The operators of a gaming server rental business are believed to have built an IoT DDoS botnet, which they are now offering as part of the server rental scheme.
The prime and pretty obvious clue that ties this new IoT botnet — named JenX— with the gaming server rental service is the IoT's command-and-control server, located at skids.sancalvicie.com.
The botnet's C&C server is found on the same server and domain used by the gaming server rental business —San Calvicie (sancalvicie.com).
Researchers from cyber-security firm Radware, who discovered this new botnet, say JenX is likely the botnet that powers a DDoS function included in one of San Calvicie's rental offers —named "Corriente Divina."
For $16, users can rent a GTA San Andreas multiplayer modded server, for $9 they can rent a Teamspeak server, and for an additional $20 users can launch DDoS attacks of between 290 and 300 Gbps, according to the San Calvicie site.
The San Calvicie service claims the botnet can carry out Valve Source Engine Query and 32bytes DDoS floods. They also advertise a "Down OVH" option, suggesting their botnet is large enough to cause problems even for the world's largest ISP and VPS providers.
According to an analysis by Radware's Cyber Security Evangelist Pascal Geenens, JenX —the botnet believed to be behind San Calvicie's DDoS-for-hire service— has been built by scrapping together different parts of several IoT botnets, whose source code leaked online in the past year.
For example, JenX uses two exploits previously used by the Satori botnet to break into devices and ensnare them into its grasp. These are CVE-2014-8361 (Realtek SDK Miniigd UPnP SOAP command execution) and CVE-2017–17215 (Huawei Router HG532 arbitrary command execution).
In addition, JenX also borrowed some techniques from the PureMasuta botnet source code, recently posted online and detailed in this NewSky Security report.
Both Satori and PureMasuta are variants of the Mirai IoT malware leaked online in late 2016, but despite this, JenX has its unique parts as well.
The main difference was its centralized infrastructure. While other botnets usually rely on infected hosts to perform the scanning of new hosts, JenX uses a central server.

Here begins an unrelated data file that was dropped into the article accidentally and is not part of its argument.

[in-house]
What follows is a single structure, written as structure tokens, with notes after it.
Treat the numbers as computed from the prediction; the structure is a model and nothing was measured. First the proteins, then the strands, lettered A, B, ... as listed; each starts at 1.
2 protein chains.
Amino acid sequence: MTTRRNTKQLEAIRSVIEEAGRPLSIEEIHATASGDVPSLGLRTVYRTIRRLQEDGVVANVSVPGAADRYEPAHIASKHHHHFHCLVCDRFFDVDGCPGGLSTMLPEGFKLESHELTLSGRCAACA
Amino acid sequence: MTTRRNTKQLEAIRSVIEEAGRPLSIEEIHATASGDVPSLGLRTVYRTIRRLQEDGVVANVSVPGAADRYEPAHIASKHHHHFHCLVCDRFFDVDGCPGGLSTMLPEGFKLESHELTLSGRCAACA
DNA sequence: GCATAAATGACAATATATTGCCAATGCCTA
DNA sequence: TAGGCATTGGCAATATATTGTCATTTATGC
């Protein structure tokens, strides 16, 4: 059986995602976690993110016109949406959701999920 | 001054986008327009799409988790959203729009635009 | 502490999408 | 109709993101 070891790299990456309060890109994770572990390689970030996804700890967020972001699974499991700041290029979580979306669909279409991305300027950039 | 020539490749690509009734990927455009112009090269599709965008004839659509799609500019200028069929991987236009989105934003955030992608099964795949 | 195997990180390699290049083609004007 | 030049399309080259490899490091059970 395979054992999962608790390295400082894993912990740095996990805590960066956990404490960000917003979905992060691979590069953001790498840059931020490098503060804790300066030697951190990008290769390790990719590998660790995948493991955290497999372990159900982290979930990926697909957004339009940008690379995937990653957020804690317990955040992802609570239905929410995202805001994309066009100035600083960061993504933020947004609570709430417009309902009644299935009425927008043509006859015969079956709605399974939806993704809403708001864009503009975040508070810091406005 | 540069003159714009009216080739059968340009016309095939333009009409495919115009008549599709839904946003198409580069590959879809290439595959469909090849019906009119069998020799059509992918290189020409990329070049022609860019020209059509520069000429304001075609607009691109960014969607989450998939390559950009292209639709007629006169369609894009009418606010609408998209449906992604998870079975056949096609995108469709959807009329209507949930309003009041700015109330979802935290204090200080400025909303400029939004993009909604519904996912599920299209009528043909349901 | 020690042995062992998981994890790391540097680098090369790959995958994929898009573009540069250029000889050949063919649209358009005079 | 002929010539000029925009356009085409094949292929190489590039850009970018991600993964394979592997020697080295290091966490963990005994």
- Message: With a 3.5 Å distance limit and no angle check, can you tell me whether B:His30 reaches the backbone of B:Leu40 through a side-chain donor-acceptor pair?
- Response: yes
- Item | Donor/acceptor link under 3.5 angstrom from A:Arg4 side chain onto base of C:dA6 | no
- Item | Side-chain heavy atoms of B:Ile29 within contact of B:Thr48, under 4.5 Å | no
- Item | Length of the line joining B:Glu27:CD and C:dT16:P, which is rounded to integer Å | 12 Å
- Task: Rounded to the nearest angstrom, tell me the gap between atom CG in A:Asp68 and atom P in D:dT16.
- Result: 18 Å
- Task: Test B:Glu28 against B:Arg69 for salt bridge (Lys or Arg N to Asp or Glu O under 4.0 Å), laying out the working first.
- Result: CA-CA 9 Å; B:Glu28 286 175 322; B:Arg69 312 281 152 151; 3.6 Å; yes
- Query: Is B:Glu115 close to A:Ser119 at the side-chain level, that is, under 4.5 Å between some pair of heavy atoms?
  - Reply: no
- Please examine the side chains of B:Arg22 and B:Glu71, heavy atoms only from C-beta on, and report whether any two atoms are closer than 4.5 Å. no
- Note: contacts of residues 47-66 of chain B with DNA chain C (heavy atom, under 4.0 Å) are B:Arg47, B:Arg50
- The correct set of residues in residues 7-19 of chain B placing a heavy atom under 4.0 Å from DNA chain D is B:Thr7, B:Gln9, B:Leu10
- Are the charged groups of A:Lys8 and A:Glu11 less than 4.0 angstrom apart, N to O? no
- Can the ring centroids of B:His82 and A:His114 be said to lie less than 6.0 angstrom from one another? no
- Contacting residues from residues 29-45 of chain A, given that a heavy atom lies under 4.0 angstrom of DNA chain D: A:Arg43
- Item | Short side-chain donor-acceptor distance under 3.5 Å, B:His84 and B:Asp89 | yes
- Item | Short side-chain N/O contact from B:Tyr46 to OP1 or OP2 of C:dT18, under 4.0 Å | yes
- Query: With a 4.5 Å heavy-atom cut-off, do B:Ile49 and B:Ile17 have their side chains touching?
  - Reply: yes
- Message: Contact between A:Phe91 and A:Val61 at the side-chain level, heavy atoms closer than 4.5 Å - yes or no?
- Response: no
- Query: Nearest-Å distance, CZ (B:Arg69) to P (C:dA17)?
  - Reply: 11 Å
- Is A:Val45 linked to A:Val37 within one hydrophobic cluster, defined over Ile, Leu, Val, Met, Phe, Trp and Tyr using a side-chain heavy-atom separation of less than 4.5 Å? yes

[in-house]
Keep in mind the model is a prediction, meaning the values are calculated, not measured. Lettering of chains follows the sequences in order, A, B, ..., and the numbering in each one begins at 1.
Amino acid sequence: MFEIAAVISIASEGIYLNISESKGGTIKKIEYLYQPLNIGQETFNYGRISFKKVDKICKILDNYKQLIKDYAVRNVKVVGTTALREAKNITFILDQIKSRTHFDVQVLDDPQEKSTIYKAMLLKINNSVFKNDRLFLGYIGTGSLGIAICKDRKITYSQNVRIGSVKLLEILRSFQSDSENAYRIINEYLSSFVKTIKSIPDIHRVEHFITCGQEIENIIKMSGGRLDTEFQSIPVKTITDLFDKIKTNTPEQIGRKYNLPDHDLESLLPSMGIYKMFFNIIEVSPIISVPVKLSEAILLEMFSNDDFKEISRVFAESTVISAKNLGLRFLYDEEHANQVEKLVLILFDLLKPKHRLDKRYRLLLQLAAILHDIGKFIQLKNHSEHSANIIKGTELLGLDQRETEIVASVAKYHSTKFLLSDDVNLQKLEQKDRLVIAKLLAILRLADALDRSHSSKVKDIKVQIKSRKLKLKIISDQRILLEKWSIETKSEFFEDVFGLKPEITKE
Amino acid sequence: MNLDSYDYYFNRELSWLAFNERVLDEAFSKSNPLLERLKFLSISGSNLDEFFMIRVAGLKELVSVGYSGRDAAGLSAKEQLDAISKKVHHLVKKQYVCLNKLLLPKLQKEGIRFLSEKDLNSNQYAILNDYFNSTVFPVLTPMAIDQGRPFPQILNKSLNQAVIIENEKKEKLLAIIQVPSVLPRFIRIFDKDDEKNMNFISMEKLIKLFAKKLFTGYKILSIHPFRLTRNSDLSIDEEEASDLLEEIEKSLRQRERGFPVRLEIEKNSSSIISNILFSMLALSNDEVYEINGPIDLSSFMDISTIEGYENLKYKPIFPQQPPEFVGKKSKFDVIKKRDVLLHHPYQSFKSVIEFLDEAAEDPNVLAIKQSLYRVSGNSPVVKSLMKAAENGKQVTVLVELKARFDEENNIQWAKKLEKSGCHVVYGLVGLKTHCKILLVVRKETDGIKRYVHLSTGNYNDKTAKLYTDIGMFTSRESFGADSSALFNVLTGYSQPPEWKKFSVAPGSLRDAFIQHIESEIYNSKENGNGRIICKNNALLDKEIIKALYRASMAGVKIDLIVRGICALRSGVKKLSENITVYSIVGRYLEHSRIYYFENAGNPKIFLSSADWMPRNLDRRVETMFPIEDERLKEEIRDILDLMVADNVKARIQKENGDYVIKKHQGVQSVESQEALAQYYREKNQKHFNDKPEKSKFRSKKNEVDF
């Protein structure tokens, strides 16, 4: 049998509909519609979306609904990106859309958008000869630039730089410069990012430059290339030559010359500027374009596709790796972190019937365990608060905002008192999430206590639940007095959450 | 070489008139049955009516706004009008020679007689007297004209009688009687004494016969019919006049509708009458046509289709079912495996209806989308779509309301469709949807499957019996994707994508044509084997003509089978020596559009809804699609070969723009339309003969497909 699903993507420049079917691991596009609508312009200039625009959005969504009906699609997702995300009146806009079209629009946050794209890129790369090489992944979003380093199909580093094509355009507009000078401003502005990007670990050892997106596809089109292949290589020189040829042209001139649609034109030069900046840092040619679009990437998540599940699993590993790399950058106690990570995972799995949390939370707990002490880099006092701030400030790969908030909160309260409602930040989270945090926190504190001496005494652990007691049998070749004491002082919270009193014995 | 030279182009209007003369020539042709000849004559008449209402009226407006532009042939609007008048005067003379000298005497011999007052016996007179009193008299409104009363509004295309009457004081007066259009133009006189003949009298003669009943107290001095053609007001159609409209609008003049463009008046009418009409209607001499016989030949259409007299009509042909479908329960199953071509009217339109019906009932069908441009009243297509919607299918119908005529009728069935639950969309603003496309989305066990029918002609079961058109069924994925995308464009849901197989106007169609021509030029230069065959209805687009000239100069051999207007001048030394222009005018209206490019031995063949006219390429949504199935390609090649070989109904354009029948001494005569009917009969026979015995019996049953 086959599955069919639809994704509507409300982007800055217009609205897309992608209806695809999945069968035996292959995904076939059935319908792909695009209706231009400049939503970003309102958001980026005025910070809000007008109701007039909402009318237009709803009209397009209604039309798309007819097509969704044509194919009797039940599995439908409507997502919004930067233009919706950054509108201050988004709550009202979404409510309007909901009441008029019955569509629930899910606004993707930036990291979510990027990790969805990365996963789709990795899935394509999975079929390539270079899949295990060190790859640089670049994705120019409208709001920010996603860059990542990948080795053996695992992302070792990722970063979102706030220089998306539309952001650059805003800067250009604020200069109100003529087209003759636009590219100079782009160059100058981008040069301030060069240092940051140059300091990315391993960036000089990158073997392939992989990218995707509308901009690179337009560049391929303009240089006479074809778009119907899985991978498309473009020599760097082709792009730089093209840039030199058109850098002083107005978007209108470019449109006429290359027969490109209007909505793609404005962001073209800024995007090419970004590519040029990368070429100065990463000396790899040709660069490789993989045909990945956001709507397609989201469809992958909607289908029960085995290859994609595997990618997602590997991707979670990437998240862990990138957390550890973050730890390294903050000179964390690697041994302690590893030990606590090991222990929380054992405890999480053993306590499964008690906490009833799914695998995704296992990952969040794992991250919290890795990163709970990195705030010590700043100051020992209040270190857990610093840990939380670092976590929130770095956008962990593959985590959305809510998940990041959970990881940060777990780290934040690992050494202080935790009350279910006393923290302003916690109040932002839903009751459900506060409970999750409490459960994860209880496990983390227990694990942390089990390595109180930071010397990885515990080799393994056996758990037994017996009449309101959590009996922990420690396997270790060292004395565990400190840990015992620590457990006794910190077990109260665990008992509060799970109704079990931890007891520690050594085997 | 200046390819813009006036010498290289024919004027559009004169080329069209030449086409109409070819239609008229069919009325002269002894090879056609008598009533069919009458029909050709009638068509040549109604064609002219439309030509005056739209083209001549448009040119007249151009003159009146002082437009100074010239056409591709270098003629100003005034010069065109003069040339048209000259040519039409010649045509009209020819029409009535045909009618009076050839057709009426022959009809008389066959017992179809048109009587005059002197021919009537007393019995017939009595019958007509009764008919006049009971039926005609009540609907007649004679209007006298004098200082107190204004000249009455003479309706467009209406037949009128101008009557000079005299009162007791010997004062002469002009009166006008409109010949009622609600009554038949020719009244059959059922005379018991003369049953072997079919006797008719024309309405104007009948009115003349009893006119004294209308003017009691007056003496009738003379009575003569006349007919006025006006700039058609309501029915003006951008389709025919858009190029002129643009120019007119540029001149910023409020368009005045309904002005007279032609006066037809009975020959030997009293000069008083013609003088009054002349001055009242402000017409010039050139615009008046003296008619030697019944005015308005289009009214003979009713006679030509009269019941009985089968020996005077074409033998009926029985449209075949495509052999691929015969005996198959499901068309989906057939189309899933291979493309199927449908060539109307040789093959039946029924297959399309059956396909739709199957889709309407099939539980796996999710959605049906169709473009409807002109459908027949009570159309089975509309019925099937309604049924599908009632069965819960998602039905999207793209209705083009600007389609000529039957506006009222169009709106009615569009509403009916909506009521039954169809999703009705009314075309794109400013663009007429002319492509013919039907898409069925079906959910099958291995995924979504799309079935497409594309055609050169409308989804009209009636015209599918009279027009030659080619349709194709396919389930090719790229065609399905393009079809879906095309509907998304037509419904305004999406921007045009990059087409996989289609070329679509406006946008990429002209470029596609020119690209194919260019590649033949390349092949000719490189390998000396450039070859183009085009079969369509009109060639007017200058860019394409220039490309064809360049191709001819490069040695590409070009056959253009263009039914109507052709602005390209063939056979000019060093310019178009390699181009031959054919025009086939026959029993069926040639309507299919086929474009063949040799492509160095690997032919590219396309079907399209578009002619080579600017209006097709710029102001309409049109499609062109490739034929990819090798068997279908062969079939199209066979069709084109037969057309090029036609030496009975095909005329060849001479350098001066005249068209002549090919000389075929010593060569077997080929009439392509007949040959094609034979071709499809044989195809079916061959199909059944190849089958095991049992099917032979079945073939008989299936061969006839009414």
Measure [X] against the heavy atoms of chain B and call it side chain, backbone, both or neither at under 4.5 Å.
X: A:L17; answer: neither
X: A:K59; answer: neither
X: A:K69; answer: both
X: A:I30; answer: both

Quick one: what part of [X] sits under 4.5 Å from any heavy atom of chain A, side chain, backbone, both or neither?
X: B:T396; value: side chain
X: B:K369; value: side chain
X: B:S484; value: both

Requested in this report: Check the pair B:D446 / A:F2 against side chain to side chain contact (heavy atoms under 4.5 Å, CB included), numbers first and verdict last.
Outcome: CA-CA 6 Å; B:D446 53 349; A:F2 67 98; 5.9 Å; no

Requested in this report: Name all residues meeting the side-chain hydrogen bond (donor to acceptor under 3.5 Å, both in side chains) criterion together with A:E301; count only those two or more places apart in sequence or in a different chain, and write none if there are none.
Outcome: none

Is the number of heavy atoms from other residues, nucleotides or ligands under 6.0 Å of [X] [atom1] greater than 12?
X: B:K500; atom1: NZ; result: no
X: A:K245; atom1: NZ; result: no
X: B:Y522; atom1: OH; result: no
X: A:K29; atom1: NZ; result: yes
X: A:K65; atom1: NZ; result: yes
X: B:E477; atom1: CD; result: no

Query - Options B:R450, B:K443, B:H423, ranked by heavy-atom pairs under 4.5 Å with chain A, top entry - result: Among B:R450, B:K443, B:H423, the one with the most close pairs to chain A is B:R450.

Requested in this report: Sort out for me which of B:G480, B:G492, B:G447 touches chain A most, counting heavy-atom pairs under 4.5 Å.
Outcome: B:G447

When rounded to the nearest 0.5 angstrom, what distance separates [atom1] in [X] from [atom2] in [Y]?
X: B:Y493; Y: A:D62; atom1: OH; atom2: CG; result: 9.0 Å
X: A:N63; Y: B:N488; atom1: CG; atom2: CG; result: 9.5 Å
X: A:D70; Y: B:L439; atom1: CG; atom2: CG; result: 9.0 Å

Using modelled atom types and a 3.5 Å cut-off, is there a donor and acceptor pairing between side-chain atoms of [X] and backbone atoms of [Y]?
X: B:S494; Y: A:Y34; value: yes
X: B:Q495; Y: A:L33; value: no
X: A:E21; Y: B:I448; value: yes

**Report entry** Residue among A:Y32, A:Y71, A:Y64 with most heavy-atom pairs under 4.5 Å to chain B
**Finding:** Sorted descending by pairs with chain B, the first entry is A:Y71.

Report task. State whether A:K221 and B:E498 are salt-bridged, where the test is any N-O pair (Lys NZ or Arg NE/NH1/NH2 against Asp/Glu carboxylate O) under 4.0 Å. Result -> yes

"The drawback of the central approach is a less than linear growth with the number of deployed servers. Much slower compared to the exponential growth rate of and less aggressive than distributed scanning botnets," Geenens said.
But this central approach also has a bigger downside, as it makes it easier for security firms like Radware to file legal requests and take down the botnet, as the company did now.
At the time it published its report, Radware had already taken down servers hosting the botnet's exploits and were only left with taking down the main command and control server, the same one that also hosts the San Calvicie website (still up, sadly).
For now, Radware also points out the botnet is not a serious threat. "Unless you frequently play GTA San Andreas, you will probably not be directly impacted," Geenens said.
"The botnet is supposed to serve a specific purpose and be used to disrupt services from competing GTA SA multiplayer servers. I do not believe that this will be the botnet that will take down the internet," Geenens added.
"But it does contain some interesting new evolutions and it adds to a list of IoT botnets that is growing longer and faster every month! That said, there is nothing that stops one from using the cheap $20 per target service to perform 290Gbps attacks on business targets and even government related targets. I cannot believe the San Calvicie group would oppose to it."
But nothing stands in the way of the San Calvicie gang moving their botnet control infrastructure to the Dark Web, where it's harder to take down and even adding more DDoS attack vectors that could be used against more than just Valve-specific games.